On Wednesday, August 28, 1909, Pulliam left his office at the St. James Building and returned to his apartment at the New York Athletic Club. After handing the bellboy a handful of letters to mail, he went into his writing room and shot himself through the head. The bullet passed through his right temple, obliterating his right eye and exiting through the left. Still alive and conscious, he reached for the phone to call for help. Dr. Higgins, the club physician, arrived at the scene a few minutes later but the doctor knew it was a lost cause; he died the following day. One of the letters which he had given to the bellboy was his letter of resignation.
Perhaps the reason Pulliam decided to commit suicide was because he wanted to fulfill the cripple's prophecy and bring the curse full circle; for it had already ruined the lives of Thaw and Bingaman.


Harry Kendall Thaw


Harry Kendall Thaw's fall from grace took place on June 25, 1906, on the rooftop of Madison Square Garden, where he murdered his long-time nemesis, Stanford White.

Long before Pulliam's meteoric rise in the baseball world, Thaw was already a multi-millionaire. Spoiled, narcissistic, and obsessed with sex and drugs, Thaw famously threw a temper tantrum when his father cut his monthly allowance to $2,500-- a sum approximately five times greater than the average American's annual salary. According to rumor, Thaw once spent $50,000 throwing a single party. Also according to rumor, Thaw was into group sex, bondage, cocaine and morphine. He had an insatiable appetite when it came to sex, and loved to inflict pain as well as receive it.  Once, in a London hotel, he lured a bellboy into his room, restrained him naked in the bathtub, and beat him with a riding crop. Thaw's mother paid out five thousand dollars in hush money to keep the incident covered up.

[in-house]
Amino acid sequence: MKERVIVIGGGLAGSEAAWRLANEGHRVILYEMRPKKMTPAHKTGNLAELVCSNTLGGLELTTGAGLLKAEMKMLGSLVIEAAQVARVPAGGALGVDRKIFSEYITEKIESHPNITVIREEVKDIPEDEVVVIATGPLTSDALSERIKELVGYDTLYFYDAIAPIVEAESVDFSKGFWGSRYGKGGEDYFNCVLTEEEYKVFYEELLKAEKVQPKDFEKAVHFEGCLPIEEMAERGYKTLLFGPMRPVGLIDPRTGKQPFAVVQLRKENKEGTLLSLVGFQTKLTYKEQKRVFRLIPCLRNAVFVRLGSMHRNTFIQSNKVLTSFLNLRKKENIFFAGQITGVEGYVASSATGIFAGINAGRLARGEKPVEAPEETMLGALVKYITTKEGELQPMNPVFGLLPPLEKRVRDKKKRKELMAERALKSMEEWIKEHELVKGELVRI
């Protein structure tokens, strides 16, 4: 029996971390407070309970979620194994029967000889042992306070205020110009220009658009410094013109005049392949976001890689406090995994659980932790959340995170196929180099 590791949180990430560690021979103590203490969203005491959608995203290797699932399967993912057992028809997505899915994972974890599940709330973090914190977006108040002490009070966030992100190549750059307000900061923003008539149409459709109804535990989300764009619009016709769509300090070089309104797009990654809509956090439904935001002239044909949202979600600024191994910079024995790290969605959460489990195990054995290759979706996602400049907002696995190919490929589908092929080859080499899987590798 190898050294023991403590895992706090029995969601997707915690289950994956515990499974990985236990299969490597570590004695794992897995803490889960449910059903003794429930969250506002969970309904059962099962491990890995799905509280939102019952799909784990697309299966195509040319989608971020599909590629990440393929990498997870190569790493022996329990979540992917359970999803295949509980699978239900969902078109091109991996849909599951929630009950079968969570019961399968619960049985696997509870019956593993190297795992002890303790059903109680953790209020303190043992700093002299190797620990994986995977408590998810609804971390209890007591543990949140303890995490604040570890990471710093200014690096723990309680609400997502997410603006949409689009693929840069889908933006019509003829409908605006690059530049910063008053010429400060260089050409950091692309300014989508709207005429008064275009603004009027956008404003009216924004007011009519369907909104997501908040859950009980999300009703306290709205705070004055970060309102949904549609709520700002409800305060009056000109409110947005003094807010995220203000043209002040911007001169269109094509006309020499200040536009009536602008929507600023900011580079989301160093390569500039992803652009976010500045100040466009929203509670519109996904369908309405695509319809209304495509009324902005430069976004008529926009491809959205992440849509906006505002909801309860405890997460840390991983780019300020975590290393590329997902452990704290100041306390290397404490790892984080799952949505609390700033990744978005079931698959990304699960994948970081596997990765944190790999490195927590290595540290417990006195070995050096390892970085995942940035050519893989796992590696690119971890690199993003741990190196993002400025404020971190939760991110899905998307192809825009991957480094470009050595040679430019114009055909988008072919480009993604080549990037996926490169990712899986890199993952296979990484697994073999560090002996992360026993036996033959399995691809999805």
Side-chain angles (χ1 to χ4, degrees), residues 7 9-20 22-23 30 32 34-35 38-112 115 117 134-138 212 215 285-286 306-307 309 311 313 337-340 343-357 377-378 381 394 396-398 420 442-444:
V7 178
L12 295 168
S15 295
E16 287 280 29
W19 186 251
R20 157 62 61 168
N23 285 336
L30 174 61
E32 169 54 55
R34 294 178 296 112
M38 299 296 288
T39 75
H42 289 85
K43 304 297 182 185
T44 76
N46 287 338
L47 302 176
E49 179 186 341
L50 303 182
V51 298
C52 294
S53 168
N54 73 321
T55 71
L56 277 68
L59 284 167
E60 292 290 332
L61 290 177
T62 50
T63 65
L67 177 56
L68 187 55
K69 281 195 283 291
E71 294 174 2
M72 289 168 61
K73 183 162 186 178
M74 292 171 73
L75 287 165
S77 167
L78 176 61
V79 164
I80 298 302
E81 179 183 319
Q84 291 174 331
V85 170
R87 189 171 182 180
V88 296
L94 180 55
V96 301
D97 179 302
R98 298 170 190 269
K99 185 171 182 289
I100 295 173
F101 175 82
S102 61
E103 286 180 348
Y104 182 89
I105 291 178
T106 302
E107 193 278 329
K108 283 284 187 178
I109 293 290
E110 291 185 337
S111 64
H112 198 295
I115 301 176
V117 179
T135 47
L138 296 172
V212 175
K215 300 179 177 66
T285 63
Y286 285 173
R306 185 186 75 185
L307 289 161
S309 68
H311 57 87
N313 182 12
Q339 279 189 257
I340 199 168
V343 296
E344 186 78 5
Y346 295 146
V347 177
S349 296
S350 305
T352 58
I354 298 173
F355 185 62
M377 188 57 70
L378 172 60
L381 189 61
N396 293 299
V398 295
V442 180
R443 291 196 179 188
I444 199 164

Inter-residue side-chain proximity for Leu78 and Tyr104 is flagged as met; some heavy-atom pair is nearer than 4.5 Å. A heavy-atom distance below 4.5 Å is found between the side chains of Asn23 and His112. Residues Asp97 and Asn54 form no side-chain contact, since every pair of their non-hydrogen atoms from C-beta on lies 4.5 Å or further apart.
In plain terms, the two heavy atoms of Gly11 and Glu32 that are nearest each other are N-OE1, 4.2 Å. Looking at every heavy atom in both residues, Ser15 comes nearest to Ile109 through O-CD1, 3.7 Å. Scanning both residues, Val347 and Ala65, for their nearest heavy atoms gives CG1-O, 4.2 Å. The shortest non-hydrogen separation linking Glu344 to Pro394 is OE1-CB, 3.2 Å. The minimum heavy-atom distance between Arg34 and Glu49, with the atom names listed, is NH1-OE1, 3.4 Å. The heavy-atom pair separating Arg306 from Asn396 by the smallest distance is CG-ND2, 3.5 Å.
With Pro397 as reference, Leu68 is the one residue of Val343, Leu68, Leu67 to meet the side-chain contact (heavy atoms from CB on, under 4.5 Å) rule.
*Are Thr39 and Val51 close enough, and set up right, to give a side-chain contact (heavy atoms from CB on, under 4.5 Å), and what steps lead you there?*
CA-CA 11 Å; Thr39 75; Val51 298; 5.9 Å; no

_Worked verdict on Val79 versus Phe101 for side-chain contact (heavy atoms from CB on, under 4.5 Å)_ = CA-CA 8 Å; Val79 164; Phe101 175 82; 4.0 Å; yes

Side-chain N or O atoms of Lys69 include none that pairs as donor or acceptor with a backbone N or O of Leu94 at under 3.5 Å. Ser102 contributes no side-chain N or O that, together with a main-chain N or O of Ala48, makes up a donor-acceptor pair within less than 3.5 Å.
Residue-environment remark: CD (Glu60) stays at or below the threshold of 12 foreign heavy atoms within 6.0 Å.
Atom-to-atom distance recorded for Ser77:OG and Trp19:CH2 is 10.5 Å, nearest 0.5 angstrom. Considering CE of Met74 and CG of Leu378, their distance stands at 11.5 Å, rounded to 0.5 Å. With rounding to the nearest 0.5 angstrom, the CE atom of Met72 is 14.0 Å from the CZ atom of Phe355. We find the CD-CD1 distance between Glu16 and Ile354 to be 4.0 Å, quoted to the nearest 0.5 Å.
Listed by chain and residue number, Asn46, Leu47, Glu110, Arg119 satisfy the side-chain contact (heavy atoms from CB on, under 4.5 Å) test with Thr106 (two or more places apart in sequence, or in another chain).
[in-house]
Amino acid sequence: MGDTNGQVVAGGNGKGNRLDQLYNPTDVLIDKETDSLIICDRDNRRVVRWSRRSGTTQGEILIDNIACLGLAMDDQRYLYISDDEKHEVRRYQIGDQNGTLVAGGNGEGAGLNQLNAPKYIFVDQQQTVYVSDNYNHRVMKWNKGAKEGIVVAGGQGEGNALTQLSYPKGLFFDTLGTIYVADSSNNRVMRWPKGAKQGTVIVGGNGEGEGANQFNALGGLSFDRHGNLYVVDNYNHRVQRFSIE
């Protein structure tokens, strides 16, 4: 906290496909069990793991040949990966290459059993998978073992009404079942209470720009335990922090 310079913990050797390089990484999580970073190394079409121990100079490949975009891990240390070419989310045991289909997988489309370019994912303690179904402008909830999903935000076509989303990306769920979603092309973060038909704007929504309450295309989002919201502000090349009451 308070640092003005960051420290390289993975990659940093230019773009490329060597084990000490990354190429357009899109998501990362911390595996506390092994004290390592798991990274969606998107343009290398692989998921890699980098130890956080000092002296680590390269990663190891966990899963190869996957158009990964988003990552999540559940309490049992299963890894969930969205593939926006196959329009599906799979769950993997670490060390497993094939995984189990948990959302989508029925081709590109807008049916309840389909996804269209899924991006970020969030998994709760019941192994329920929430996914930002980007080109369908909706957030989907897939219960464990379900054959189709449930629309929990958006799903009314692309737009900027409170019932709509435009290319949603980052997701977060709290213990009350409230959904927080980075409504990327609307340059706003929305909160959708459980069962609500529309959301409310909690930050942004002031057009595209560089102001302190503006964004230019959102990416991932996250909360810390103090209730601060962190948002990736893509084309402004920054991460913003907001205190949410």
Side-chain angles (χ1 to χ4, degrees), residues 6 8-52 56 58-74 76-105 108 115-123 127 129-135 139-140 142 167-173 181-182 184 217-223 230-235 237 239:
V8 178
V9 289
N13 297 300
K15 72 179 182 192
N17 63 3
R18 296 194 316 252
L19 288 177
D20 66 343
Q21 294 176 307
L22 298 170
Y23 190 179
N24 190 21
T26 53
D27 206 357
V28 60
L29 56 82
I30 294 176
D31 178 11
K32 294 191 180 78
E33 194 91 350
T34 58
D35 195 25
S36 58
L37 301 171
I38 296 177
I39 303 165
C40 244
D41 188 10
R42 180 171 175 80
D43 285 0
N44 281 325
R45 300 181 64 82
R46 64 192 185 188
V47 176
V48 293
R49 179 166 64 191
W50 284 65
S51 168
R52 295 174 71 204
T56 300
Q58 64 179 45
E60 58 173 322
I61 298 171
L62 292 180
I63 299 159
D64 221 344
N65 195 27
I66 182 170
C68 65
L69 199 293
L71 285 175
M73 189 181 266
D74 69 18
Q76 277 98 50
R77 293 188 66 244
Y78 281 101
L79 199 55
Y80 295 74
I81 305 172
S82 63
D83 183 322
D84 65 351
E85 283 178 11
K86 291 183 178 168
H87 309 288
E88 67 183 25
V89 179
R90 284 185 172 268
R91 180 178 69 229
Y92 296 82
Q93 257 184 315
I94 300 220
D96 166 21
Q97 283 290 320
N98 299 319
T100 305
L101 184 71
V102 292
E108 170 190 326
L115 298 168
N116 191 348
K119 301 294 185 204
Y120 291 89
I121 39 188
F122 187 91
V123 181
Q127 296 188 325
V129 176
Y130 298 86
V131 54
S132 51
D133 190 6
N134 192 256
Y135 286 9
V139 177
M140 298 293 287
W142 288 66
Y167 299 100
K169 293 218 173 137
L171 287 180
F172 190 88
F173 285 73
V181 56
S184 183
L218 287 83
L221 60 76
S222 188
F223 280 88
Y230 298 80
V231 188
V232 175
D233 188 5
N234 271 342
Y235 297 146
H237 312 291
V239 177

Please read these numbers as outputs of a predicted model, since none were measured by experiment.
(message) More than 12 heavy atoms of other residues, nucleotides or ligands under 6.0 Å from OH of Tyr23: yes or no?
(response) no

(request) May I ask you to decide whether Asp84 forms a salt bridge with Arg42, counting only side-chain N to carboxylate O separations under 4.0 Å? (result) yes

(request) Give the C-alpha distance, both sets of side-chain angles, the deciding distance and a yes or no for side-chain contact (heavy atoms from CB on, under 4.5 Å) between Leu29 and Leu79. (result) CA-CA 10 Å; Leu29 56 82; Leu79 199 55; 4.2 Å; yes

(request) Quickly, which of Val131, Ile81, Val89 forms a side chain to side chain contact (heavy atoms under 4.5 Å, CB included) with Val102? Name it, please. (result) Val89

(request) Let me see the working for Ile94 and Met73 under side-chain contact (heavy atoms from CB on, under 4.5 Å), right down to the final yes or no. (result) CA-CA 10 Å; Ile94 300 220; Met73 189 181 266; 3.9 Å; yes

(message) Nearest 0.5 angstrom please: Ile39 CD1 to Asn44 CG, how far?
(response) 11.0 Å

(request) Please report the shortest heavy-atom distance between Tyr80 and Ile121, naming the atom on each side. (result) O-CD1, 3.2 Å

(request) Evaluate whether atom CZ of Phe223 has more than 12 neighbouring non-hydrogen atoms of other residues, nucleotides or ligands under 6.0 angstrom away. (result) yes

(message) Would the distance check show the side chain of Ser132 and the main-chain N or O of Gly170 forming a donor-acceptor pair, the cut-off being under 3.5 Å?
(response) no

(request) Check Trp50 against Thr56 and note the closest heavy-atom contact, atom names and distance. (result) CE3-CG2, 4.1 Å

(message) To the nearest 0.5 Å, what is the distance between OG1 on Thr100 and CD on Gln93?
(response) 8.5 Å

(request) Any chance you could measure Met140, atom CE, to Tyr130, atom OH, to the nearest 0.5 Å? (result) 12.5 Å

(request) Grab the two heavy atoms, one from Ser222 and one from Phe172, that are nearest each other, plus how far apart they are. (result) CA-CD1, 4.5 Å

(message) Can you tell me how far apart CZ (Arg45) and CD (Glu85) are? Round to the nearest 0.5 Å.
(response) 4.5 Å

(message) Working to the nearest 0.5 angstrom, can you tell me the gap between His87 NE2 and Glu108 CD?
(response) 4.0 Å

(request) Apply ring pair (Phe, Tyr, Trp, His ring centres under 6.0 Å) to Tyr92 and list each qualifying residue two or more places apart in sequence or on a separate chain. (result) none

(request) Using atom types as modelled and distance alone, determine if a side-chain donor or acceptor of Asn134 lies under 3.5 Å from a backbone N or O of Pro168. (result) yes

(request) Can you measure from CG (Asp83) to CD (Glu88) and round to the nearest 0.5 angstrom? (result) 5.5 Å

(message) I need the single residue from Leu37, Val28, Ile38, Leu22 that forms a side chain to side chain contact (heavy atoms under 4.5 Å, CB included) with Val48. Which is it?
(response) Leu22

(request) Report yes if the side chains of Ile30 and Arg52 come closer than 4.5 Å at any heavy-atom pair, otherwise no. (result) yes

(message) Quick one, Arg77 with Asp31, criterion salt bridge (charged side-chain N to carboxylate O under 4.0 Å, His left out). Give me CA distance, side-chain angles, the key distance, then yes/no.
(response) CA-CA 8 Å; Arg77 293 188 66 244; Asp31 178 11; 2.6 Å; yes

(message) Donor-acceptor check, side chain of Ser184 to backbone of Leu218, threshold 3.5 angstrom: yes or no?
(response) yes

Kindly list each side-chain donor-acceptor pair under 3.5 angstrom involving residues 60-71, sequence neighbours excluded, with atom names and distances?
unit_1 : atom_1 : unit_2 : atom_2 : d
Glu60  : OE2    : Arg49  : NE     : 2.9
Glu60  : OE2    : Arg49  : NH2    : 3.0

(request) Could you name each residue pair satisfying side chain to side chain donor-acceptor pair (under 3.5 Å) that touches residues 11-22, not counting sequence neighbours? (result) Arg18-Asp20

While he was palling around Pittsburgh with Pulliam and Bingaman, Harry Kendall Thaw was still breathing the rarefied air of the upper crust. He was a playboy, and a member of the prestigious Union League Club of New York. He was also a newlywed, having recently married Evelyn Nesbit, the famed chorus girl. Things quickly began to deteriorate after his chance encounter with the mysterious cripple, however.


Evelyn Nesbit


Shortly after the incident in front of the Hotel Henry, Thaw was booted from the Union League Club. Looking to regain his grasp on the top rung of the New York social ladder, he sought membership in all of the city's elite clubhouses: the Metropolitan Club, the Knickerbocker's Club, the Player's Club and the Century Club. Thaw was rejected by all of them.

He blamed this rejection on one of his wife's former lovers, a rival playboy and socialite named Stanford White, who had bedded the Nesbit when she was 14 and he was 47, although Nesbit's family claimed that White sexually assualted her while she was unconscious. Thaw had taken great pride in having "rescued" Evelyn Nesbit from him, and was convinced that White was out to get revenge, as White had been the architect who designed all of the buildings which housed the clubs Thaw wanted to belong to. As time went by, Harry Thaw developed a morbid obsession with his rival, who referred to Thaw in social circles as the "Pennsylvania Pug".

Stanford White


On June 25, 1906, Thaw and his wife attended the premier of Mam'zelle Champagne, a show that was playing on the rooftop theatre of Madison Square Garden. When Stanford White appeared and was shown to a table much closer to the stage than Thaw's, Thaw was irate. He was convinced White was trying to one-up him in front of Evelyn Nesbit. During the show's finale, ironically entitled "I Could Love A Million Girls", Thaw produced a pistol and approached Stanford White, shooting him three times nearly at point blank range. White died instantly.